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review 2017-10-10 16:40
Historical anachronism happens fast
This is the Way the World Ends: An Oral ... This is the Way the World Ends: An Oral History of the Zombie War - Keith Taylor

This poor novel had the bad sense to be published in August, this year of our Lord 2017, though, presumably, it was written earlier. EVEN SO, at the very moment of publication, it was already woefully historically anachronistic. I'm going to blame this, like so much else, on the Trump administration, and the unbelievable chaos and unprecedented violation of governmental, social, and ethical norms that we've seen in this fine country, the US of A, since then. Writing near future science fiction is an unbelievable bitch.


This is what got me. So, This is the Way it Ends is avowedly a love letter and a riff on Max Brooks' World War Z, which is also glossed with the subtitle An Oral History of the Zombie Wars. The writer here, Keith Taylor, notes in his introduction how taken he was by the retrospective and documentary feel of World War Z, and how, after expecting a raft of novelists to take up the style, he decided to fill the gap when no one did. This is the Way it Ends is successful in this Brooksian ventriloquism for the most part, and it you like this sort of thing, then this is the sort of thing you'll like. (Well, other than a metatextual spin wherein Keith Taylor, current novelist, inserts himself inside this fictional narrative as "Keith Taylor," the documentarian for the novel. His intro dragging on fictional zombie narratives was way too clever-clever. It's the kind of thing that's fun to read to your wife after you write it, but shouldn't make it into the final draft.)


Like Brooks' novel, this one takes place a dozen odd years after the initial zombie outbreaks, after humanity has gone through the meat grinder of a full on zombie apocalypse and come out on the other side, shaky, diminished, but still standing. This is the section that got me: a centrist Republican, one who shepherded the US through the zombie wars, tells a story from mid-2019. Apparently, there are outbreaks happening all over Europe, and there's more and more worry about the zombie threat. At a bipartisan meeting, a reporter asks if maybe the US should close its borders. A democrat steps up, and in an act of partisan showboating, begins reciting the Emma Lazarus sonnet that is carved into the statue of liberty. "Give us your tired" etc. At this point everyone goes nuts, freaking that closing the borders is evil, and certainly no sane (or not evil) person would suggest such a thing. The Republican president is rueful: if only those stupid liberals knew better.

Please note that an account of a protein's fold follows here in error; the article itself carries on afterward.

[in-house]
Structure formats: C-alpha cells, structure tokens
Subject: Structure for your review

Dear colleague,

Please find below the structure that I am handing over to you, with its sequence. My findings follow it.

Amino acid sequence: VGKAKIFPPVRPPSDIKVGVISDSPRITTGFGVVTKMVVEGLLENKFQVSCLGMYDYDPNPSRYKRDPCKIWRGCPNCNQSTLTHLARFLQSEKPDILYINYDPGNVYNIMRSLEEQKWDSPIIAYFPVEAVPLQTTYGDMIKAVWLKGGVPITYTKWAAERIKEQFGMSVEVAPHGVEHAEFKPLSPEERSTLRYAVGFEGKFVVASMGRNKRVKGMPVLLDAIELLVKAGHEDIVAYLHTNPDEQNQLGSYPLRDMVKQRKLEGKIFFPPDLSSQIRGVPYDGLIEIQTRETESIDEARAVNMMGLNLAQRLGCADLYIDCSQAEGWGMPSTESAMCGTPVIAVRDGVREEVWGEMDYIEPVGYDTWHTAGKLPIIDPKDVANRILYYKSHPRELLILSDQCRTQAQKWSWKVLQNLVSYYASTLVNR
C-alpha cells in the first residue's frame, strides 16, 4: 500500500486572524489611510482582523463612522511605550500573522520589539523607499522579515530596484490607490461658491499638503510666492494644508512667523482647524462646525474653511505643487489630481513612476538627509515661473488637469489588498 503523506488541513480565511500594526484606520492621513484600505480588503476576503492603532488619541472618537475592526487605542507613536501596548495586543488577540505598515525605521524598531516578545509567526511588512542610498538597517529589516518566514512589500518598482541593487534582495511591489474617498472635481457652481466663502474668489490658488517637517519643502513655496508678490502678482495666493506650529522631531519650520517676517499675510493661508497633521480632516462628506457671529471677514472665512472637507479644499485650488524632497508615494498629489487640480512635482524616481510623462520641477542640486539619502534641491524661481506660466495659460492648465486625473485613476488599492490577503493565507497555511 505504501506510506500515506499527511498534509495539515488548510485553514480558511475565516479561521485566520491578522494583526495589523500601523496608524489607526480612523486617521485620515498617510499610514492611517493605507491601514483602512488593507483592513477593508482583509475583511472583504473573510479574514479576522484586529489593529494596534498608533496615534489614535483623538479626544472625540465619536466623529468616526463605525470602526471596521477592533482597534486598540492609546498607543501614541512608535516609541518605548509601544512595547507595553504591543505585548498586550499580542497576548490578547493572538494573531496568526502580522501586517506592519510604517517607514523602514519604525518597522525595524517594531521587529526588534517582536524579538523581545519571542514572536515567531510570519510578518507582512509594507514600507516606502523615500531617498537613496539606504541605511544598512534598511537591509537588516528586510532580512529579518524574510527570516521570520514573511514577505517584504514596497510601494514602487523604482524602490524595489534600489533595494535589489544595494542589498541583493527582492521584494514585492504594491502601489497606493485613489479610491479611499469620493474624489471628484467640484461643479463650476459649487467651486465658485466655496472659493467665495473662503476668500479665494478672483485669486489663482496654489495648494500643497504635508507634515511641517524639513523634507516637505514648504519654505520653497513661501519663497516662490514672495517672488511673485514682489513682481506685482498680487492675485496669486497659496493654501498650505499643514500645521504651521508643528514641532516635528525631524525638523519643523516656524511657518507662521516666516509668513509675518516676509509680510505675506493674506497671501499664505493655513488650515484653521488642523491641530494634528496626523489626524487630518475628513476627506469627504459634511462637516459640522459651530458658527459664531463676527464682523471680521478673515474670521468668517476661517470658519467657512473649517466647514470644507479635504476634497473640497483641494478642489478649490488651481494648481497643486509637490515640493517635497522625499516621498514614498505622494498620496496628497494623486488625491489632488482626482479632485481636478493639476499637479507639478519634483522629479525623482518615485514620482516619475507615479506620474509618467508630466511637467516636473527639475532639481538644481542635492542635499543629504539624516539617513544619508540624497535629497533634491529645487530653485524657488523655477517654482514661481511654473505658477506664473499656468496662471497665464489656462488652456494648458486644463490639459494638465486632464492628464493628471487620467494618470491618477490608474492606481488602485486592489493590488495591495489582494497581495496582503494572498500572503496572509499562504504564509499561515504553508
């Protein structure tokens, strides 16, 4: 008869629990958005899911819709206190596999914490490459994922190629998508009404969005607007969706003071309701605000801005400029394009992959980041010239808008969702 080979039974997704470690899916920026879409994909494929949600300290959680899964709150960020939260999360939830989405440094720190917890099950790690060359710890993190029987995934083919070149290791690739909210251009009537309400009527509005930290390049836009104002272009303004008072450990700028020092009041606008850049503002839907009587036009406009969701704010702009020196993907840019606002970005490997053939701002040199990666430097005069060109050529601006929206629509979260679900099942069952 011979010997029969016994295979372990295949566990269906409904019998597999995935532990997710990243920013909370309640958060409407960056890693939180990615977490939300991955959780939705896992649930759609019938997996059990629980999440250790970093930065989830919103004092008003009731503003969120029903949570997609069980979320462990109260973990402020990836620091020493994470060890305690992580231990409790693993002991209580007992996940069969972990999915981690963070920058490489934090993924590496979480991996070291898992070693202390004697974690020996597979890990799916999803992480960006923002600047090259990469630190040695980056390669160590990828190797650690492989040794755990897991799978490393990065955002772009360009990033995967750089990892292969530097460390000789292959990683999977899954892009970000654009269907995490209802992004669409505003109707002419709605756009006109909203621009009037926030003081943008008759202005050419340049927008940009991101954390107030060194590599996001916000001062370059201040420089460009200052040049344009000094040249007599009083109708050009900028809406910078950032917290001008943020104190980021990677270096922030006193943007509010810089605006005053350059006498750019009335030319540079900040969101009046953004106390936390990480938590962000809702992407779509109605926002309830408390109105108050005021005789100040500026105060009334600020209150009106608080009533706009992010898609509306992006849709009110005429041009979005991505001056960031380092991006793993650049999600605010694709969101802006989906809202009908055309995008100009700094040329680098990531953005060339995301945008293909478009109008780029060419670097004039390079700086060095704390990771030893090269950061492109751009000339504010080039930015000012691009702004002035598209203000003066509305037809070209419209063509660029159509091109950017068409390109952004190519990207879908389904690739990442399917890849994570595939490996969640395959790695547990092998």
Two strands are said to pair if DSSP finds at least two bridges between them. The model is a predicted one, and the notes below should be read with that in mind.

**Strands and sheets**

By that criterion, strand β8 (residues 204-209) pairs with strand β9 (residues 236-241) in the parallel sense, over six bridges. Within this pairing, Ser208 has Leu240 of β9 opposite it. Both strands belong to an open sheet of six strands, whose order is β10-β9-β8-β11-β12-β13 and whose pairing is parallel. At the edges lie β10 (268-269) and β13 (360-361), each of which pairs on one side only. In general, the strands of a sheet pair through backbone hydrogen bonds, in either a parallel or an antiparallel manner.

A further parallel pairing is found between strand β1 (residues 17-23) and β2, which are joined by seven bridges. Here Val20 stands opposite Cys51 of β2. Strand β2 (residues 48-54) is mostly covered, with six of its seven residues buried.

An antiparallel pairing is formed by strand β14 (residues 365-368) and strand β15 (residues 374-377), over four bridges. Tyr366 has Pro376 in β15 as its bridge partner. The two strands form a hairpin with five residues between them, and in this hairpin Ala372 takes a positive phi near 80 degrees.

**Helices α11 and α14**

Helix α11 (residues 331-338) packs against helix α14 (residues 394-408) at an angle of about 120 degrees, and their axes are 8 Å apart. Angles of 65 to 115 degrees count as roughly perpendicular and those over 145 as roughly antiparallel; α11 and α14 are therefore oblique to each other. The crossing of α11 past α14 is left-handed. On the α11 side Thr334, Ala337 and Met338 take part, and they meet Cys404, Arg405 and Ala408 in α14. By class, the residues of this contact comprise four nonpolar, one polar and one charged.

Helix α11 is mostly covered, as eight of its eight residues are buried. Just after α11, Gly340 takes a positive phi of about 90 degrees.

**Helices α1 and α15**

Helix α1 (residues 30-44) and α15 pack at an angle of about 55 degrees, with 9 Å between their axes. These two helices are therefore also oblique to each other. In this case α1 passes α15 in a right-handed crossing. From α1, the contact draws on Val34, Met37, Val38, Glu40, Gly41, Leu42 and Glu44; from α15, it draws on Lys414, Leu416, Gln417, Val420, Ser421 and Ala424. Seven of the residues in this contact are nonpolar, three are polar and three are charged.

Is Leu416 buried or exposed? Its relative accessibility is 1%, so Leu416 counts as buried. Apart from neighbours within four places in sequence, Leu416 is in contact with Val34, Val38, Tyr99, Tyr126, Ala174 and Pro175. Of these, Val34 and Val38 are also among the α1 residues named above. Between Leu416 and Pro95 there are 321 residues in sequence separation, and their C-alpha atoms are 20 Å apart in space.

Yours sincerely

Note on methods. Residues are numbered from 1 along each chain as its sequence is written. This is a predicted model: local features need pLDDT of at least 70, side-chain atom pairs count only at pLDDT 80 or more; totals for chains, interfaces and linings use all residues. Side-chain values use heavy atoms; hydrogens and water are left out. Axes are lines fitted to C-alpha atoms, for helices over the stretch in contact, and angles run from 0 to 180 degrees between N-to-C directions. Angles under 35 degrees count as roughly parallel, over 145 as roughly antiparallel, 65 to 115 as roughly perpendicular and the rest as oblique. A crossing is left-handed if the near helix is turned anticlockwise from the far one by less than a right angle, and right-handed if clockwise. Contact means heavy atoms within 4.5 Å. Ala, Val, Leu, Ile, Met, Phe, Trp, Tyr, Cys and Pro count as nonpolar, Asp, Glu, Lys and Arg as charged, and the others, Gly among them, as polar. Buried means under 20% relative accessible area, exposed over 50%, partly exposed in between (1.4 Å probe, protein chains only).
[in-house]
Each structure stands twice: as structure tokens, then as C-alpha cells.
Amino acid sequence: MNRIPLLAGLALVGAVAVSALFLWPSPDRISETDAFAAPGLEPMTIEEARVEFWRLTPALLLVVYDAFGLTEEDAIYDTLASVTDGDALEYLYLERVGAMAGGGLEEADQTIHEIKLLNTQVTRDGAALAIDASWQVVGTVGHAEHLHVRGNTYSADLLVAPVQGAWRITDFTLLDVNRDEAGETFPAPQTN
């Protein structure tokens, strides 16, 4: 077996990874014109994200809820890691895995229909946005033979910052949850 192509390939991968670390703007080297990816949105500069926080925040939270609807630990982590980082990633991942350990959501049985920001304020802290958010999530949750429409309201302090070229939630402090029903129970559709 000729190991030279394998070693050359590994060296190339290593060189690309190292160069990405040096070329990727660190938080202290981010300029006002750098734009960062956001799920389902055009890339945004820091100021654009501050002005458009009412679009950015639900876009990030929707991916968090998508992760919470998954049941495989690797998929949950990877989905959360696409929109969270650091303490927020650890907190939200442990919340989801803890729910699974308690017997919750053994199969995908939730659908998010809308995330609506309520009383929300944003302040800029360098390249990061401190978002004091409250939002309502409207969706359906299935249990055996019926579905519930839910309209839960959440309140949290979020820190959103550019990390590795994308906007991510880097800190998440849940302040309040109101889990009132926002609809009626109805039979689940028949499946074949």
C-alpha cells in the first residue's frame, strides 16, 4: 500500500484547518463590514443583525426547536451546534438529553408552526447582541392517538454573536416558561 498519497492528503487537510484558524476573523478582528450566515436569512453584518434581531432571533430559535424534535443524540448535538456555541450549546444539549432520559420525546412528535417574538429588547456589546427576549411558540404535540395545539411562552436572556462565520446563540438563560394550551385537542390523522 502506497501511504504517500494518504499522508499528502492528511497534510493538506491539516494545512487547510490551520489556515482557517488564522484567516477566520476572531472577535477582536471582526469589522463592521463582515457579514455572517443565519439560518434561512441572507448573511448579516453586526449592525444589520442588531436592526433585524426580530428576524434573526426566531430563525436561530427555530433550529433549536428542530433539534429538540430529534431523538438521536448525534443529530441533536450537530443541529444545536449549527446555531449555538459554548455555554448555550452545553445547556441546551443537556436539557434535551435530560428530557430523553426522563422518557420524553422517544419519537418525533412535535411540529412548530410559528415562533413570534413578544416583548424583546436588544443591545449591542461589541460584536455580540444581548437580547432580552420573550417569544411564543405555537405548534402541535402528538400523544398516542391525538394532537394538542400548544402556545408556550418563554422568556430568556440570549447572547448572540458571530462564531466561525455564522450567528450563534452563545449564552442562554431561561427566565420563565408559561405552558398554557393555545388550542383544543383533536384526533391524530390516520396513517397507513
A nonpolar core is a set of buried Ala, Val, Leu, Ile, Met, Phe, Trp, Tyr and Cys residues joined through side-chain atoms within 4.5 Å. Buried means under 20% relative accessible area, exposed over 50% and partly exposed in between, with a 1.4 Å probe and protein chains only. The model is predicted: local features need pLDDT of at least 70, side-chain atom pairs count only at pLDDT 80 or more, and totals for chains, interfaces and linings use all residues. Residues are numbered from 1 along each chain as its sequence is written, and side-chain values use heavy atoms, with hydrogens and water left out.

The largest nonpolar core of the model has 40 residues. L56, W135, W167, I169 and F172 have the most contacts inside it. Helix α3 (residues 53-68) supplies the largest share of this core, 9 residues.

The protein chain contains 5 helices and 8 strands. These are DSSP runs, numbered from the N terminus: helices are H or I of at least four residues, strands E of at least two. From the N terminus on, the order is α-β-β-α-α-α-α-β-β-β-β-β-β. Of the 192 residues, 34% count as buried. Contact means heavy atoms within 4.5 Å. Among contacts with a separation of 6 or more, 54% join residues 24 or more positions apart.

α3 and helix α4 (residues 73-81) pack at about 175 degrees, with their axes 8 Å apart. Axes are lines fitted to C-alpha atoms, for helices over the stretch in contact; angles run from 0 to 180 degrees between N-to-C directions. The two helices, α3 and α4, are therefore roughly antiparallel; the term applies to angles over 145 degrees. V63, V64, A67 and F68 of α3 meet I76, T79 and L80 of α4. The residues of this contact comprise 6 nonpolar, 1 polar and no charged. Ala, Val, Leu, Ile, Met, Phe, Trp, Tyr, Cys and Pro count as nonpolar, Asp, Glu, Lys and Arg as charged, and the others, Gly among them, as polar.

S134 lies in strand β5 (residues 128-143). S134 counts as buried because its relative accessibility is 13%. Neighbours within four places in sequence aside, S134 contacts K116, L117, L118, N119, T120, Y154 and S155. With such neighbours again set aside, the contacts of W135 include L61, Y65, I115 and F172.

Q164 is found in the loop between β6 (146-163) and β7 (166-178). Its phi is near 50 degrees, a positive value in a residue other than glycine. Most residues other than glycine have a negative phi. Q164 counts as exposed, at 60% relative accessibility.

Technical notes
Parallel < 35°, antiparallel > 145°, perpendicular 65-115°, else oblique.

So here's the problem with this. First, let me tell a joke: at an intersection with four corners, on each corner stands an individual: Santa Claus, the Easter Bunny, a centrist Republican, and an alt-right nutjob. Someone drops a case of money into the center of the intersection. Which individual gets it? The alt-right nutjob, because the rest of these beings are purely fictional. Second, Trump already tried, and has been moderately successful, in implementing his Muslim ban, just recently adding to the seven Muslim-majority countries he's put on the shit list. Though the courts have put on the brakes a little, public outcry was nowhere near uniform. In fact, I think I was in a minority for thinking that was self-defeating and cruel, in addition to racist. The Trump administration is working hard at curtailing literally all immigration, legal and illegal, and we don't have anything near a zombie fucking outbreak to point at, though you wouldn't know it from some Brietbart articles, boy howdy. No one reads sonnets anymore; those are for effete liberals and they are decidedly not in charge. Third, what is this word, "bipartisan"? I do not understand this strange concept. 


In some ways, this anachronism is adorable, and it dovetails into some blindspots Brooks had in WWZ. The farther Brooks gets from his worldview, the less compelling his narratives get -- the American housewife one is a big fucking mess, but then I have a whole thing about the housewife in fiction. Ditto with Taylor. As a native Brit with a Mongolian wife who spends a lot of time in Mongolia and Thailand, his grasp on pan-Asian politics is pretty great. Americans? Yeah, not so much. I'm not picking on him here though. I'm not sure I understood (even as someone who purported to at least a modicum of wokeness) how unbelievably racist and isolationist the United States is until the last election. And that election technically didn't involve zombies!